- Protects cycle clothing from degeneration & discolouring – Your expensive state of the art winter kit is going to suffer from getting repeatedly sprayed with road dirt & salt, so is your chamois, it’ll take a beating from repeated attack from salty gritty water. Treated fabrics lose their waterproof coating much quicker & you’ll also have to wash your outer layers on a continual basis to avoid looking like you’re a minger. Forget wearing anything white, it won’t be white for long.
- Keeps you warm – Summer road spray is much more tolerable, winter road spray is a different beast altogether. Winter spray is generally just a few degrees above freezing, which makes all the difference. In summer on the worst of days a rain jacket will protect you, sometimes you’ll even be too hot. In winter the spray causes a constant chill which your body has to fight, it also costs you energy. Your body uses additional fuel to attempt to keep your body at the correct temperature while it’s extremities & your backside are to a continuous tap of water at chilled-beer temperature.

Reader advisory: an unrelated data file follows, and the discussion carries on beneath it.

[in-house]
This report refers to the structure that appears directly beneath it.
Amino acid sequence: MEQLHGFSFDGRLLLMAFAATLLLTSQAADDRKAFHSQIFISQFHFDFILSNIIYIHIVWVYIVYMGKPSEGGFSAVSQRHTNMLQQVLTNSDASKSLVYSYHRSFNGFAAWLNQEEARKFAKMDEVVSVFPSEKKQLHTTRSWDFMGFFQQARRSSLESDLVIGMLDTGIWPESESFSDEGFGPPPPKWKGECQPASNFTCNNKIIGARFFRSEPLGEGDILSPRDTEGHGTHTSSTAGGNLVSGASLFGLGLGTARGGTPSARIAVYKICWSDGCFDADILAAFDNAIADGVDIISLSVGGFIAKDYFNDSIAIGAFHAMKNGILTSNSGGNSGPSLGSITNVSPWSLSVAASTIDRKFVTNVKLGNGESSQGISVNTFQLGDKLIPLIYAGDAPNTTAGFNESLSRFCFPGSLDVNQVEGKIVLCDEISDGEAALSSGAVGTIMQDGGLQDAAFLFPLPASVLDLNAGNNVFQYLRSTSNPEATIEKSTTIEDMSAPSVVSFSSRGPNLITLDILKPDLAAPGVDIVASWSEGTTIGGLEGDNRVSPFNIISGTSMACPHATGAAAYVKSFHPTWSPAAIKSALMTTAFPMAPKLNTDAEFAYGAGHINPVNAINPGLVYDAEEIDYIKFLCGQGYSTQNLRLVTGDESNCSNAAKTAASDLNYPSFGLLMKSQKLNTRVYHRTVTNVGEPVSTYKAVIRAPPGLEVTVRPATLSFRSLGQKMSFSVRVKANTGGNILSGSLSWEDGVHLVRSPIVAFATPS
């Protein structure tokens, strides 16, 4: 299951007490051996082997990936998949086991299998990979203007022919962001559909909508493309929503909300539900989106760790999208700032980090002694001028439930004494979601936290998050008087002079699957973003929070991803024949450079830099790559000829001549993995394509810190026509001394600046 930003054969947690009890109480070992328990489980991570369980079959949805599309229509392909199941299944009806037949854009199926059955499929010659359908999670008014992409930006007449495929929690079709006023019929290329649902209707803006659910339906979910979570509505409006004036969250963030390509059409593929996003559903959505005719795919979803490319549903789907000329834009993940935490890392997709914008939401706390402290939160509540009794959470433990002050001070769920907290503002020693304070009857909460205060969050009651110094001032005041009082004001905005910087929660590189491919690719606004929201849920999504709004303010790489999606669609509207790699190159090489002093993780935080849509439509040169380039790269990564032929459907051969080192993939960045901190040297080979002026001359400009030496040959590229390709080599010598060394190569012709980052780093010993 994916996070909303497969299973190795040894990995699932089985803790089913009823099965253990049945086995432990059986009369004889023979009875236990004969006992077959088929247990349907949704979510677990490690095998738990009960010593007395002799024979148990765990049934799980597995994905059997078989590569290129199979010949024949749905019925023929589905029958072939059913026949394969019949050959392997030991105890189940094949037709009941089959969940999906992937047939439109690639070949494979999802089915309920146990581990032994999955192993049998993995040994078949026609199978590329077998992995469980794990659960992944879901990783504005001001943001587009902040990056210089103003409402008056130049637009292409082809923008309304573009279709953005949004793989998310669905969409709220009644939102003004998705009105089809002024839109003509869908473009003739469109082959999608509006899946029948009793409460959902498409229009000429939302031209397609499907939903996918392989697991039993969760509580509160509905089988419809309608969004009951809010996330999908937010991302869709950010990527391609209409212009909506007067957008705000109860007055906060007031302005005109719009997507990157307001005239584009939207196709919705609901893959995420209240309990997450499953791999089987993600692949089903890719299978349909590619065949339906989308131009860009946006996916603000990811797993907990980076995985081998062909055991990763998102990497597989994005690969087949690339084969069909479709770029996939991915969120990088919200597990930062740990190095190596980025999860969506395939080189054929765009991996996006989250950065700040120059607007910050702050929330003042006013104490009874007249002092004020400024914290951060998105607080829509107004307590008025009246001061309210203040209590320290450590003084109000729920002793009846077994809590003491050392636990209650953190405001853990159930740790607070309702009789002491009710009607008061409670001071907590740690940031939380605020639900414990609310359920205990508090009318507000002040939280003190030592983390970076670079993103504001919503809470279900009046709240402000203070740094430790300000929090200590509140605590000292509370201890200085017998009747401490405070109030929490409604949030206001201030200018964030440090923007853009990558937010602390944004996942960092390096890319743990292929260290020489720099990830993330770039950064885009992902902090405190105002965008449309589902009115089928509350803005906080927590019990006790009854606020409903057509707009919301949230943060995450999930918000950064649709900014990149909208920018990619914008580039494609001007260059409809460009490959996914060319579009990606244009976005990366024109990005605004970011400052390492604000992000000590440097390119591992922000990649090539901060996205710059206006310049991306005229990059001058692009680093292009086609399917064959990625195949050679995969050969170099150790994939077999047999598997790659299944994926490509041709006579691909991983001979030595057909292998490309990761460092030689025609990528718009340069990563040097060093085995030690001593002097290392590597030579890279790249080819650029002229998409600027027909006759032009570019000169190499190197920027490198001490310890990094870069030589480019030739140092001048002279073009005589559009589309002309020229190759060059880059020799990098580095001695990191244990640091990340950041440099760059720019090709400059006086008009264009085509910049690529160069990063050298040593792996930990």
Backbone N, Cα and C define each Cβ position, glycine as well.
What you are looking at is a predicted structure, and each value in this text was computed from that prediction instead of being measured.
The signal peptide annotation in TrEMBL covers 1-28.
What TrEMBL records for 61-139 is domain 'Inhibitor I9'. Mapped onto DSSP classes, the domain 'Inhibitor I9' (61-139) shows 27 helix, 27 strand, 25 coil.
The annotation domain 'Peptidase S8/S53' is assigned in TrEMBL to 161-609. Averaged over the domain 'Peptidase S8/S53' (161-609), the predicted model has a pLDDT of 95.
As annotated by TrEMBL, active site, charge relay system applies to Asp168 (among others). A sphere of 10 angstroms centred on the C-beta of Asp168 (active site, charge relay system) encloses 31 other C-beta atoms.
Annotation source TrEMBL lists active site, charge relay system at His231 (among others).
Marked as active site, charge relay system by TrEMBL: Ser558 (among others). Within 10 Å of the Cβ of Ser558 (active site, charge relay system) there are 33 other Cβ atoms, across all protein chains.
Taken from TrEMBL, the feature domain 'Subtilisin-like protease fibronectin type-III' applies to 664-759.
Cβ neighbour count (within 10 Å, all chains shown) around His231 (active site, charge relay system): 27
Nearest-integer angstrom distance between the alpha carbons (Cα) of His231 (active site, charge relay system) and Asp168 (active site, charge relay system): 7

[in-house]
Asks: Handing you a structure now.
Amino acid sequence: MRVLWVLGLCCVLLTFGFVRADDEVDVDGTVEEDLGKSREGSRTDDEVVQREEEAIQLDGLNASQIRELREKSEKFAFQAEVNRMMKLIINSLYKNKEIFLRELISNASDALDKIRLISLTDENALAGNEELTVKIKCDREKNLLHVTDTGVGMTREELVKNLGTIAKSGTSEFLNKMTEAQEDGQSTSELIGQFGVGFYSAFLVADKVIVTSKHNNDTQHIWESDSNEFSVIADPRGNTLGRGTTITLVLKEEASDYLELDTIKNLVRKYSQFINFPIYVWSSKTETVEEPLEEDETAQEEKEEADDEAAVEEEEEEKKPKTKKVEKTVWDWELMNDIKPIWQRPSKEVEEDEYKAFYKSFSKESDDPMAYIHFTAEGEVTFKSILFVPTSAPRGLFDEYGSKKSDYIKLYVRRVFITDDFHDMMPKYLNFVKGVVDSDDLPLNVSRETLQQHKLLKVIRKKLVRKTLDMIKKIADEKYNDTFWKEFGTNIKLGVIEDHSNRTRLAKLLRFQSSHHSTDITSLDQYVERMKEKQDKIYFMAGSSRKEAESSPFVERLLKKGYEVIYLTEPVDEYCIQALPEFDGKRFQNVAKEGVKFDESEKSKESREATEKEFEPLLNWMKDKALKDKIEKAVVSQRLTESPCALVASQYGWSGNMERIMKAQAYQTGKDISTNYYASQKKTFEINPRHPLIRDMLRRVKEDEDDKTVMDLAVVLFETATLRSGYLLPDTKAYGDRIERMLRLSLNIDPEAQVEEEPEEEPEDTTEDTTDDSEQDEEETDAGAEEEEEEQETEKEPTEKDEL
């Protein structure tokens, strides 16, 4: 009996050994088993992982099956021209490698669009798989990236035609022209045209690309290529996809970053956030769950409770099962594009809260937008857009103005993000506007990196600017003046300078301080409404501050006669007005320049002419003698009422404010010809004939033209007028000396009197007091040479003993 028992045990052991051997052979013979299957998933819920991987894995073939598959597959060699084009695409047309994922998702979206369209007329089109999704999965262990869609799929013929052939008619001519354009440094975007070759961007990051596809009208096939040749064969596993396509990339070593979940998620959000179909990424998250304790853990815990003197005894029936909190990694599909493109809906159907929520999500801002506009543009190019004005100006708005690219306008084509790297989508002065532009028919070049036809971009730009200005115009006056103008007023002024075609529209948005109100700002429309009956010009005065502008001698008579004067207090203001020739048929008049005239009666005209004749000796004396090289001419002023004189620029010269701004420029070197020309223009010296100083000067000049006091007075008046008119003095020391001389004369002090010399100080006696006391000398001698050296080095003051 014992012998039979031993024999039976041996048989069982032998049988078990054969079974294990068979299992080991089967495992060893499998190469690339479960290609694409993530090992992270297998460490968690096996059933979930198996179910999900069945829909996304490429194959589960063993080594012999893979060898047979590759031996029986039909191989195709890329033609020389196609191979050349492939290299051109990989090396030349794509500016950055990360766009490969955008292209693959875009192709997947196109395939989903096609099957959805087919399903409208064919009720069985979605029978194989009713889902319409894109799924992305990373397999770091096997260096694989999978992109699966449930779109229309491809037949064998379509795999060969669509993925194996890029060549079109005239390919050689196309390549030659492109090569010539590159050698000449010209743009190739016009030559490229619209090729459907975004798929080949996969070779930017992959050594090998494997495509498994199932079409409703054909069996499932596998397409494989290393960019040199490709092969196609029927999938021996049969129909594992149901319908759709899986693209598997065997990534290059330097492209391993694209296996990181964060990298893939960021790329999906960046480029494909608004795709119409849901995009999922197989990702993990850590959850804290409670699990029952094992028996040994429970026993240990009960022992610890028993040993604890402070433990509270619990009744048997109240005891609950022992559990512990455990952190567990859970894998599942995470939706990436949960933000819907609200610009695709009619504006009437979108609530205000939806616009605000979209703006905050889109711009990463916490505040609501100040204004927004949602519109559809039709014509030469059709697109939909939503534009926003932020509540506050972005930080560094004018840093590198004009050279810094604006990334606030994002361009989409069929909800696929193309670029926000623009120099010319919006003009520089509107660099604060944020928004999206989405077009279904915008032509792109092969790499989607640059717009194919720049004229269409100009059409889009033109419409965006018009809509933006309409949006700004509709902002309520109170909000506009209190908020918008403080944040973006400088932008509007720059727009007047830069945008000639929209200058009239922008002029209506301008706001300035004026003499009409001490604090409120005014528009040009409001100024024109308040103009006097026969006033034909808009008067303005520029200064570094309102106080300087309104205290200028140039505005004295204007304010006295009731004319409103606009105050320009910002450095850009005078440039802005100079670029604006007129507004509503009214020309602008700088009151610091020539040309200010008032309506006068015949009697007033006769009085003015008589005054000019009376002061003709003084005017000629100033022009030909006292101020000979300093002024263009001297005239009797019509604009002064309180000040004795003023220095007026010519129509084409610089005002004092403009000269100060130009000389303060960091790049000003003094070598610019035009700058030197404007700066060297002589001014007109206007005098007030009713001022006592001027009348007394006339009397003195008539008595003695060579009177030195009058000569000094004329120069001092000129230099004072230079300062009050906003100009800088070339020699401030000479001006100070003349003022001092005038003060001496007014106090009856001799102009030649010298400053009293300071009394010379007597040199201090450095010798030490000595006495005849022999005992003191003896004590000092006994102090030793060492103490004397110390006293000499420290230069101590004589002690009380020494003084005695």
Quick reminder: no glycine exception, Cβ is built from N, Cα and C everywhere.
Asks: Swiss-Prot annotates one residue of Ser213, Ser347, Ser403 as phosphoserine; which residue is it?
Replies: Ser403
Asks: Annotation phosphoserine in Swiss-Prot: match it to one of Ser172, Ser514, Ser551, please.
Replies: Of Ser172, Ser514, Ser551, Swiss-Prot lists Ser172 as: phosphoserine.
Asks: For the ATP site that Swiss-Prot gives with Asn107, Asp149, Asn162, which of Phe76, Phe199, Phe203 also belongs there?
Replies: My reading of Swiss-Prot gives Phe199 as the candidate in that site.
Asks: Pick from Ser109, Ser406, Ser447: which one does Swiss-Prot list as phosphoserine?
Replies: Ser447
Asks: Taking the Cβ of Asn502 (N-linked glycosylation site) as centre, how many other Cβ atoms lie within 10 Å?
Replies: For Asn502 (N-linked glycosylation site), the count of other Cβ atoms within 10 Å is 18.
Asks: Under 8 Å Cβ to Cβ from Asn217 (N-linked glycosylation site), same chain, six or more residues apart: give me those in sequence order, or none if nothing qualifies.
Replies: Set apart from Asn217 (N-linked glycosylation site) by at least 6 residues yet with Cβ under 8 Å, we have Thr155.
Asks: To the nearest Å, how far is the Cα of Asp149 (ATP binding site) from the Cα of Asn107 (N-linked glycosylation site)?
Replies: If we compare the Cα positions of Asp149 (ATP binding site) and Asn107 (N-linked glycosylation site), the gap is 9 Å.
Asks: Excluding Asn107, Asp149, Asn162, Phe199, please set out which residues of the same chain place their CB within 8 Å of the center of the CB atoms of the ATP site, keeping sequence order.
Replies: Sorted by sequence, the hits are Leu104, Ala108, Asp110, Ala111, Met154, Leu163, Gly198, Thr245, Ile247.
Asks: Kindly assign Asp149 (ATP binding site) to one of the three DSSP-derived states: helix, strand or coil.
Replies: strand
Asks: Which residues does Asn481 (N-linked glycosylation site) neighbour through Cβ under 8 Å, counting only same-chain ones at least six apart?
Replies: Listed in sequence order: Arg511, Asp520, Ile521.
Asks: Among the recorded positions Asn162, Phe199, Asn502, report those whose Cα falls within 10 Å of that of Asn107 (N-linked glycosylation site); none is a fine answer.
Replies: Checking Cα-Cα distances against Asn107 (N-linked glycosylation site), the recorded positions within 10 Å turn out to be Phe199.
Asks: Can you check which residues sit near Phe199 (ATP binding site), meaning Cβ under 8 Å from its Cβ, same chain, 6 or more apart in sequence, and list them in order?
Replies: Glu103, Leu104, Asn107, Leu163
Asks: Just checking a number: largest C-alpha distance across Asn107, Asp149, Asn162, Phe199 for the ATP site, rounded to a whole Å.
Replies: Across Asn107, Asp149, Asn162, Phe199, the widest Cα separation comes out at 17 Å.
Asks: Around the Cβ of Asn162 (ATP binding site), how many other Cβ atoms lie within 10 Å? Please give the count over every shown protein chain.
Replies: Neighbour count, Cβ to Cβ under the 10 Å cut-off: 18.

- Stops feet from getting soaked (with addition of mudflap) – Mudguards without the addition of a mudflap will lose you one of the best & most useful advantages of mudguards. A correctly sized & positioned mudflap bolted onto the rear end of your front mudguard will protect your feet from all but the worst of soakings. Without the mudflap, the spray from your wheel seems to spray under the back of the mudguard & disperse directly onto your toes. Fit the mudflap & make it yourself from a plastic bottle, just cut it out & bolt it on, it’s easy & will make things much more pleasurable.